Nappy Rash - Facts

Nappy Rash - Facts
What Is Nappy Rash?

It is a general term used to describe a skin irritation or red rash found on a baby's skin, in the area only normally covered by a nappy.

What Causes Nappy Rash?

Nappy rash is most commonly caused by prolonged contact with urine and faeces. The skin becomes inflamed, and in very severe cases nappy rash can cause breaks in the skin or even blisters which can become infected. Nappy rash can still occur however, even when the nappy area is frequently cleaned and the nappy changed regularly. Friction caused by rubbing of the nappy against the baby's skin, alcohol used in some baby wipes, a change in diet for example from breast milk to formula milk, and strong washing detergents not thoroughly rinsed out of cloth nappies can also contribute to the development of nappy rash.

Nevertheless, not all skin conditions found in the nappy area are nappy rash, other conditions which can cause similar symptoms are:

Bullet  Heat rash
Bullet  Eczema
Bullet  Thrush
Bullet  Seborrhoeic dermatitis (a condition where excess sebum is produced by glands in the skin)

What Does Nappy Rash Look Like?

You can recognise nappy rash from a number of signs:

Bullet  Redness in the nappy area, sometimes spreading down the upper thighs or up onto the tummy
Bullet  Sore, blotchy, spotty skin in the nappy area
Bullet  Patches of dry, flaky skin in the nappy area

Nappy rash caused by the contents of the nappy will often not affect the folds of the skin, as the skin here does not come into contact with the irritant.

In more severe or infected cases you may see:

Bullet  Cracked, broken skin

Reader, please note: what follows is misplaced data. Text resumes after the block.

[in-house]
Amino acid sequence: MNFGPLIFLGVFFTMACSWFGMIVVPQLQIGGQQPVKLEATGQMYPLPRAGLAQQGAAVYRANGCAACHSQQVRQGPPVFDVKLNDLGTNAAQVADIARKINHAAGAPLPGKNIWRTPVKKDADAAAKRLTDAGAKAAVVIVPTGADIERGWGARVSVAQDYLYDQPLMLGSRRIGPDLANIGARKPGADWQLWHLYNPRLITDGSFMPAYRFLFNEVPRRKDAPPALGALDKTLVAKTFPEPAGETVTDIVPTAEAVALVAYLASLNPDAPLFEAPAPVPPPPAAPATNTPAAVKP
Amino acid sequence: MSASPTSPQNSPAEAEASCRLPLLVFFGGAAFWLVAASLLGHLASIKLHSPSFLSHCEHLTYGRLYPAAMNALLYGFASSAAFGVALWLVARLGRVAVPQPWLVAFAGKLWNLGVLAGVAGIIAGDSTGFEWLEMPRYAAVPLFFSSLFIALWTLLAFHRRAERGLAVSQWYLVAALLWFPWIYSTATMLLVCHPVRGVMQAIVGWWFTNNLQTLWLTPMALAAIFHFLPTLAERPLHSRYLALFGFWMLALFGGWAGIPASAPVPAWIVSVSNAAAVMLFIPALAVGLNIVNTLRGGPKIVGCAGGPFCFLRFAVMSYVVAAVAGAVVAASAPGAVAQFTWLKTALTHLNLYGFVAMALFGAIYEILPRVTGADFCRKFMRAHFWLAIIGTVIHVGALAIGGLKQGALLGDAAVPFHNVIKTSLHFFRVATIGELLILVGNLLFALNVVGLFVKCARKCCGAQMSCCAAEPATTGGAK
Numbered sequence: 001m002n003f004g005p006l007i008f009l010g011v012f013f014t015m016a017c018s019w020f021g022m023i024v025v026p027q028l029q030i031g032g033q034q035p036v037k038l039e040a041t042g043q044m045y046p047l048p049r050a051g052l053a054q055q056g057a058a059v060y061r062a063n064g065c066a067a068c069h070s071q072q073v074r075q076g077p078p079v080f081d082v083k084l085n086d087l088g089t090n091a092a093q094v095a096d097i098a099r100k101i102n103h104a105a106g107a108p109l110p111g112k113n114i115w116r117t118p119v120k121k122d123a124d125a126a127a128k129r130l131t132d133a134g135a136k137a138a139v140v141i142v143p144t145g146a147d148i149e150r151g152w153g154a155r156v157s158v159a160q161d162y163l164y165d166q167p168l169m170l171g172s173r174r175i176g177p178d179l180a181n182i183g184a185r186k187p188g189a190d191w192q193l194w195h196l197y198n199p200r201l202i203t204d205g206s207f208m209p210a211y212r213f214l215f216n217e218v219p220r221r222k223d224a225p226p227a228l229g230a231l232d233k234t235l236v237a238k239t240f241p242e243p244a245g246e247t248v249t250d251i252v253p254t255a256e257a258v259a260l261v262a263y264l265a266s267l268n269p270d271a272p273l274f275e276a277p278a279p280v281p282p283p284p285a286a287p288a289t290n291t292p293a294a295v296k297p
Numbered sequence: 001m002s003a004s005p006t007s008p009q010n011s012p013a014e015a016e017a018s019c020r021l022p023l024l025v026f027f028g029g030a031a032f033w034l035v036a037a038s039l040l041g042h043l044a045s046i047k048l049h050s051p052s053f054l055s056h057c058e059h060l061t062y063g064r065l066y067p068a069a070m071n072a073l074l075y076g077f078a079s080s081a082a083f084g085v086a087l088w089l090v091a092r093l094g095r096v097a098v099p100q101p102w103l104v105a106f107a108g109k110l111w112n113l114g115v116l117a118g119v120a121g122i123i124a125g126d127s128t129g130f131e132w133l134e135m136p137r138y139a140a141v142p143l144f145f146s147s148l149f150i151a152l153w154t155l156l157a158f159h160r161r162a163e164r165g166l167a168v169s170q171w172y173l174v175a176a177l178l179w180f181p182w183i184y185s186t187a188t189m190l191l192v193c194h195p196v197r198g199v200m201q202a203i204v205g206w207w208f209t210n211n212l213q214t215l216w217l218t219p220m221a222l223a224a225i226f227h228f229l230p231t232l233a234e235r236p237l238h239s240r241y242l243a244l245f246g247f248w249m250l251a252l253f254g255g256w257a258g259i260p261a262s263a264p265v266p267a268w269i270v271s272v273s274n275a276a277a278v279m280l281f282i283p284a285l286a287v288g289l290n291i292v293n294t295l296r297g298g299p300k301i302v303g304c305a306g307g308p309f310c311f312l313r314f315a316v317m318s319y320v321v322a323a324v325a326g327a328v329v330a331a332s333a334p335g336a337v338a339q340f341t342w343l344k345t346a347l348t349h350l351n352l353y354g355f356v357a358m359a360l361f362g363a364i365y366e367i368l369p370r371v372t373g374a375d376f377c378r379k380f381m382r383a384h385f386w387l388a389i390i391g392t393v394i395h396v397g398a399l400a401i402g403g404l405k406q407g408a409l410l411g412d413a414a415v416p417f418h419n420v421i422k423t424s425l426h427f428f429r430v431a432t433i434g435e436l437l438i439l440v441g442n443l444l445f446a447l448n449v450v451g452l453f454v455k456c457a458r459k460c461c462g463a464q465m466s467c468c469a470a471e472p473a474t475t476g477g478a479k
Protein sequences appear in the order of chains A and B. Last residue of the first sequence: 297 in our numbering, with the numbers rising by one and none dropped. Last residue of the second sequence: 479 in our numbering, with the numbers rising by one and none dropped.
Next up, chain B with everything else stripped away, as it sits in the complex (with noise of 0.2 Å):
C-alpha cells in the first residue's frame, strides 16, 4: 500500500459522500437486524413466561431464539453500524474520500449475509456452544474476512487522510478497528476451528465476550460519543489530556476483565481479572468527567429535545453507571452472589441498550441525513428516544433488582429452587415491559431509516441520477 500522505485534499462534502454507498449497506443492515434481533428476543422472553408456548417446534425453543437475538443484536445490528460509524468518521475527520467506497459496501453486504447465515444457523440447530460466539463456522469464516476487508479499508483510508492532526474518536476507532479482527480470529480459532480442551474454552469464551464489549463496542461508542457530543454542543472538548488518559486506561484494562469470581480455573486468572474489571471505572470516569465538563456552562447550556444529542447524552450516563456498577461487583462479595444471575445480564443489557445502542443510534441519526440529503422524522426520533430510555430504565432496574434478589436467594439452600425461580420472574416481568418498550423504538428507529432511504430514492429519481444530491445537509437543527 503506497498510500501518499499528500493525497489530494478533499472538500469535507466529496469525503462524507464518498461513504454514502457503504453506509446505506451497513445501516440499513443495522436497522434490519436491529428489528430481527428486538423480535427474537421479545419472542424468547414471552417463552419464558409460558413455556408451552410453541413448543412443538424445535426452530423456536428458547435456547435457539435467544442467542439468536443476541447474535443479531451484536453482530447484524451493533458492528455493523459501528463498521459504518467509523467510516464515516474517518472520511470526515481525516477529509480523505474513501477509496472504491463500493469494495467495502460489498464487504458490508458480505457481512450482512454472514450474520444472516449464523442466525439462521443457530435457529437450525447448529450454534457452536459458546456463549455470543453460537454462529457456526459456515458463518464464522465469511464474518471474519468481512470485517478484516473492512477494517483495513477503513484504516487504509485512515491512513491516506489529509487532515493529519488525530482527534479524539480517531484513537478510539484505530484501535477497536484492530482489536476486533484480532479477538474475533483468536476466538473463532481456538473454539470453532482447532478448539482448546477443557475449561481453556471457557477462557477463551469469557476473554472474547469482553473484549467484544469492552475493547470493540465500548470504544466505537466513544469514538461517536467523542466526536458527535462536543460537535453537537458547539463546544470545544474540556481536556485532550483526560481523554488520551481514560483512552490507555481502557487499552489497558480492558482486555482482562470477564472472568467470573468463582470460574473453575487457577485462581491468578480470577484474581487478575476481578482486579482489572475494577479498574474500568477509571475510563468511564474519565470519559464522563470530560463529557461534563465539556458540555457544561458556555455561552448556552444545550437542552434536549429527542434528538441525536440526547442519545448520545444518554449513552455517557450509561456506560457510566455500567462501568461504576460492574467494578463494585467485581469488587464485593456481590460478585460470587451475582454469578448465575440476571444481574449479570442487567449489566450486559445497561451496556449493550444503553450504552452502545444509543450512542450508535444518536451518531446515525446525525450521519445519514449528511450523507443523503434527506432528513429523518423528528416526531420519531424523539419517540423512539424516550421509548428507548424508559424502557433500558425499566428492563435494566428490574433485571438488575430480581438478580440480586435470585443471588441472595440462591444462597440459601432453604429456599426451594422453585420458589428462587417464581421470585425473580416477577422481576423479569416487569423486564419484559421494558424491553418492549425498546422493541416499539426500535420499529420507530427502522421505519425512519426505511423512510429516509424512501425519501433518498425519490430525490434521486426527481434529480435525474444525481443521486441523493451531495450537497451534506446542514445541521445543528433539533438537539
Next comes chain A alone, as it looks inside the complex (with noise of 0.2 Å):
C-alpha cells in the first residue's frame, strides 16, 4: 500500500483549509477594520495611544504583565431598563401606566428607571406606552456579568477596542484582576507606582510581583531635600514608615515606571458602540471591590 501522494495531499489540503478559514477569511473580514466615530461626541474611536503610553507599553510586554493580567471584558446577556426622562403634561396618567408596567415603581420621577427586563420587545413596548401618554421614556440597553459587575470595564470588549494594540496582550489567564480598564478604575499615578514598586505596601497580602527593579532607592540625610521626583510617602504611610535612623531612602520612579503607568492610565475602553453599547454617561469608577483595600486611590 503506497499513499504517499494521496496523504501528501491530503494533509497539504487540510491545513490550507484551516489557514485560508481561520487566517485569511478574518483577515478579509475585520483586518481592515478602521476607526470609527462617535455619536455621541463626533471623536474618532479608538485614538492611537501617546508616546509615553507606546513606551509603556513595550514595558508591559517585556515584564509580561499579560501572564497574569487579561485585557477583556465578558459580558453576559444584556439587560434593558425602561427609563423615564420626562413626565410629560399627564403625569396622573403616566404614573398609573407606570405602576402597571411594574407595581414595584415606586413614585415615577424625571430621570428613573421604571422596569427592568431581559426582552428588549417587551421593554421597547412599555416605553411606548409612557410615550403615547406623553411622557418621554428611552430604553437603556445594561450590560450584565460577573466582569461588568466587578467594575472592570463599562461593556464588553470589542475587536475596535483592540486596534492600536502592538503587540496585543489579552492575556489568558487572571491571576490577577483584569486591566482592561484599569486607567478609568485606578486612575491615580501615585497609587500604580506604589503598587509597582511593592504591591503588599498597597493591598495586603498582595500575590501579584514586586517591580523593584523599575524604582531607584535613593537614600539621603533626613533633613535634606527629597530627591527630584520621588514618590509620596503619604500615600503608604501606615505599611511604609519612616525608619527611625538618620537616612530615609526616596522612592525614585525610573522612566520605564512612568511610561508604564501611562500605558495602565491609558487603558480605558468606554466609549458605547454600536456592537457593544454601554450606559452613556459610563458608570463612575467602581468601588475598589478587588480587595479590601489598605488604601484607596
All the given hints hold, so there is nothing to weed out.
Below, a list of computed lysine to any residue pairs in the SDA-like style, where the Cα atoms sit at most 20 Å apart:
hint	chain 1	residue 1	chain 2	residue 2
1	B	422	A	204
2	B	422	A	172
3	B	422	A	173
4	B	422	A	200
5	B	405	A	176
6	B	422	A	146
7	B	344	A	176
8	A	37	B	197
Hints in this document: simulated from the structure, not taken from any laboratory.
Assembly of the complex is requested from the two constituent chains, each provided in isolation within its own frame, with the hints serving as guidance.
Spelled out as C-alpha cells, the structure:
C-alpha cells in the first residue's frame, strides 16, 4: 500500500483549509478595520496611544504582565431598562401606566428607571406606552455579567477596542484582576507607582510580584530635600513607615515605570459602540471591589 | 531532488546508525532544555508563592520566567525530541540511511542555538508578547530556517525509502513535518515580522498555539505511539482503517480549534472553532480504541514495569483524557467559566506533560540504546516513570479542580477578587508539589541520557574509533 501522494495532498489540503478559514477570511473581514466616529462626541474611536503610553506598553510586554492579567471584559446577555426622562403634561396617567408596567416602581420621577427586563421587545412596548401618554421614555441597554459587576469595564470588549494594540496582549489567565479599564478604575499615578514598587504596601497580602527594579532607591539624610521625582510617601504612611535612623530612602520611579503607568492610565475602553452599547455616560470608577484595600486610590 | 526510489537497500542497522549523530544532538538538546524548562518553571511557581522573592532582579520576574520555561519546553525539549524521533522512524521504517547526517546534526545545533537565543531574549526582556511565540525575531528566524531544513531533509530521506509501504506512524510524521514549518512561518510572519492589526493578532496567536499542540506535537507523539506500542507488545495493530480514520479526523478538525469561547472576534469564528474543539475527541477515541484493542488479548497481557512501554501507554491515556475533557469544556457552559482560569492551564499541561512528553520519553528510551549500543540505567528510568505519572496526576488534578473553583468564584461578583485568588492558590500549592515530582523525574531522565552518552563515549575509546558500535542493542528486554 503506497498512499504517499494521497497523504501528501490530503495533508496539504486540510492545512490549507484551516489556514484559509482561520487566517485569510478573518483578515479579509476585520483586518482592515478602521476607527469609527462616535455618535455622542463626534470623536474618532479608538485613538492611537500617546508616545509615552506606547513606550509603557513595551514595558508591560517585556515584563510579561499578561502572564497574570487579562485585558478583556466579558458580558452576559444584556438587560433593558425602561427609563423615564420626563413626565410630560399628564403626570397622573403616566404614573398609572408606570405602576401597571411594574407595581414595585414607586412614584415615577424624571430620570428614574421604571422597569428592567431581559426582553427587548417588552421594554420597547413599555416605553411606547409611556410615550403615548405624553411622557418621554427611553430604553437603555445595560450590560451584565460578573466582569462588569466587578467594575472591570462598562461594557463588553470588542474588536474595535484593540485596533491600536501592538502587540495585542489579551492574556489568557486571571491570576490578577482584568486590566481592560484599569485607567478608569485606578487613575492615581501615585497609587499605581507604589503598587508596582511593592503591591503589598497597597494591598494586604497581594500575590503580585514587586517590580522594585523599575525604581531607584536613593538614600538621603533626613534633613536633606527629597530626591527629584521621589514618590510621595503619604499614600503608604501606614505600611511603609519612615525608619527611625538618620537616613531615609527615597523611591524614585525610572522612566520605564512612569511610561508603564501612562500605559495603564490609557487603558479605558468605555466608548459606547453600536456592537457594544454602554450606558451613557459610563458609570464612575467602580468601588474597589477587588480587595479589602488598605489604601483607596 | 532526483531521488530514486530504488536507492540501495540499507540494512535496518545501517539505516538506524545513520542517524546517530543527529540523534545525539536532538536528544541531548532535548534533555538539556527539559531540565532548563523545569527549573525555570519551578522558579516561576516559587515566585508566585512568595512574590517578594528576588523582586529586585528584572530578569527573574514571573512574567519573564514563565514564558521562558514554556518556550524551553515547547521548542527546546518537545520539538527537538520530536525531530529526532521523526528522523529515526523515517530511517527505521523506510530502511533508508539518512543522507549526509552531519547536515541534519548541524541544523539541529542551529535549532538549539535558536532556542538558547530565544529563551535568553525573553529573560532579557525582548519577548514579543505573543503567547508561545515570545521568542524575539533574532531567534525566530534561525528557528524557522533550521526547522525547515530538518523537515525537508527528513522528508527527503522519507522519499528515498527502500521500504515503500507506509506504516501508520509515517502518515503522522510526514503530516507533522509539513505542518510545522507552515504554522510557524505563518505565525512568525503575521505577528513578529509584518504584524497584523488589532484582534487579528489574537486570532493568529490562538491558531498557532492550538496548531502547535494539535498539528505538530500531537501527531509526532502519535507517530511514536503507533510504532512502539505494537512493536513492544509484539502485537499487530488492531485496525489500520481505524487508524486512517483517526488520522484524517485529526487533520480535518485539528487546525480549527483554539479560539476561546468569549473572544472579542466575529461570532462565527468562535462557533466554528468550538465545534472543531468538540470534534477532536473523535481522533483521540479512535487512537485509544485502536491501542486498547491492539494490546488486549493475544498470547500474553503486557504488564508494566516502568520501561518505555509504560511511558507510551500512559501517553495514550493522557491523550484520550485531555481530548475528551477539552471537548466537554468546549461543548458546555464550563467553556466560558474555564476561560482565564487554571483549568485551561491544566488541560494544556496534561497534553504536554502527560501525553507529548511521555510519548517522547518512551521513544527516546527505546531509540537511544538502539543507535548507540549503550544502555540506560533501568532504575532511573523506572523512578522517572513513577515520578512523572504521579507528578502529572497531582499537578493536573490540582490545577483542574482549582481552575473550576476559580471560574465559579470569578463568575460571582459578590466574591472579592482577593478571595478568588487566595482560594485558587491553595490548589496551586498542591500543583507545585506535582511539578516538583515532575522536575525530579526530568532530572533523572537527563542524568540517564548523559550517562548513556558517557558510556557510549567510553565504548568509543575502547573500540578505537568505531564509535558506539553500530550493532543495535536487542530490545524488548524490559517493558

Bullet  Blisters
Bullet  Pus filled spots

Are There Any Other Symptoms Of Nappy Rash To Look Out For?

Nappy rash is not a serious medical condition but it can be uncomfortable, causing babies to become fretful and possibly cry.

When Is Nappy Rash Likely to Occur?

Nappy rash can occur at any time whilst a baby is in nappies, with some being more prone to the condition than others, for example if they have sensitive skin. However, there are certain times when babies are more susceptible to nappy rash, such as:

Bullet  During teething
Bullet  Changing from breast to bottle feeding
Bullet  After antibiotics, which can upset a baby's digestive system, causing diarrhoea
Bullet  Starting on solid foods
Bullet  Drinking cows' milk for the first time

How Can I Treat Nappy Rash?

Nappy rash is a common condition which affects many babies. Treatments such as Sudocrem® Antiseptic Healing Cream and Healthwise Clinic Purple Balm may be effective in treating nappy rash.

What Else Can Be Done To Cure Nappy Rash?

Other things to remember when treating nappy rash are:
Bullet  Wherever possible leave the baby without a nappy on as the warm, dry air will encourage healing.
Bullet  If treated correctly, nappy rash should clear up within a few days, however if the rash persists or gets worse, consult your doctor or a healthcare professional.

What Can Be Done To Avoid Nappy Rash?

Bullet  Change nappies frequently, as soon as they become wet or dirty, this will minimise the chance of irritation from contact with urine and stools. As a guideline, you may find that a newborn baby requires changing a dozen times a day and as they grow older at least 6-8 times a day.
Bullet  Use warm water to cleanse the skin, rather than wipes.
Bullet  Ensure that the area is clean and dry before putting a fresh nappy on.
Bullet  Rather than rubbing, pat the skin dry with a towel.
Bullet  Apply a water- repellant cream to the area such as Sudocrem® at every nappy change to protect the skin.
Bullet  Wash cloth nappies with a non-biological detergent and rinse thoroughly.
Bullet  Leave your baby's bottom exposed to the air whenever possible.

Whichever creams you decide to use, you should always read the label.

February 2007 - revised Oct14

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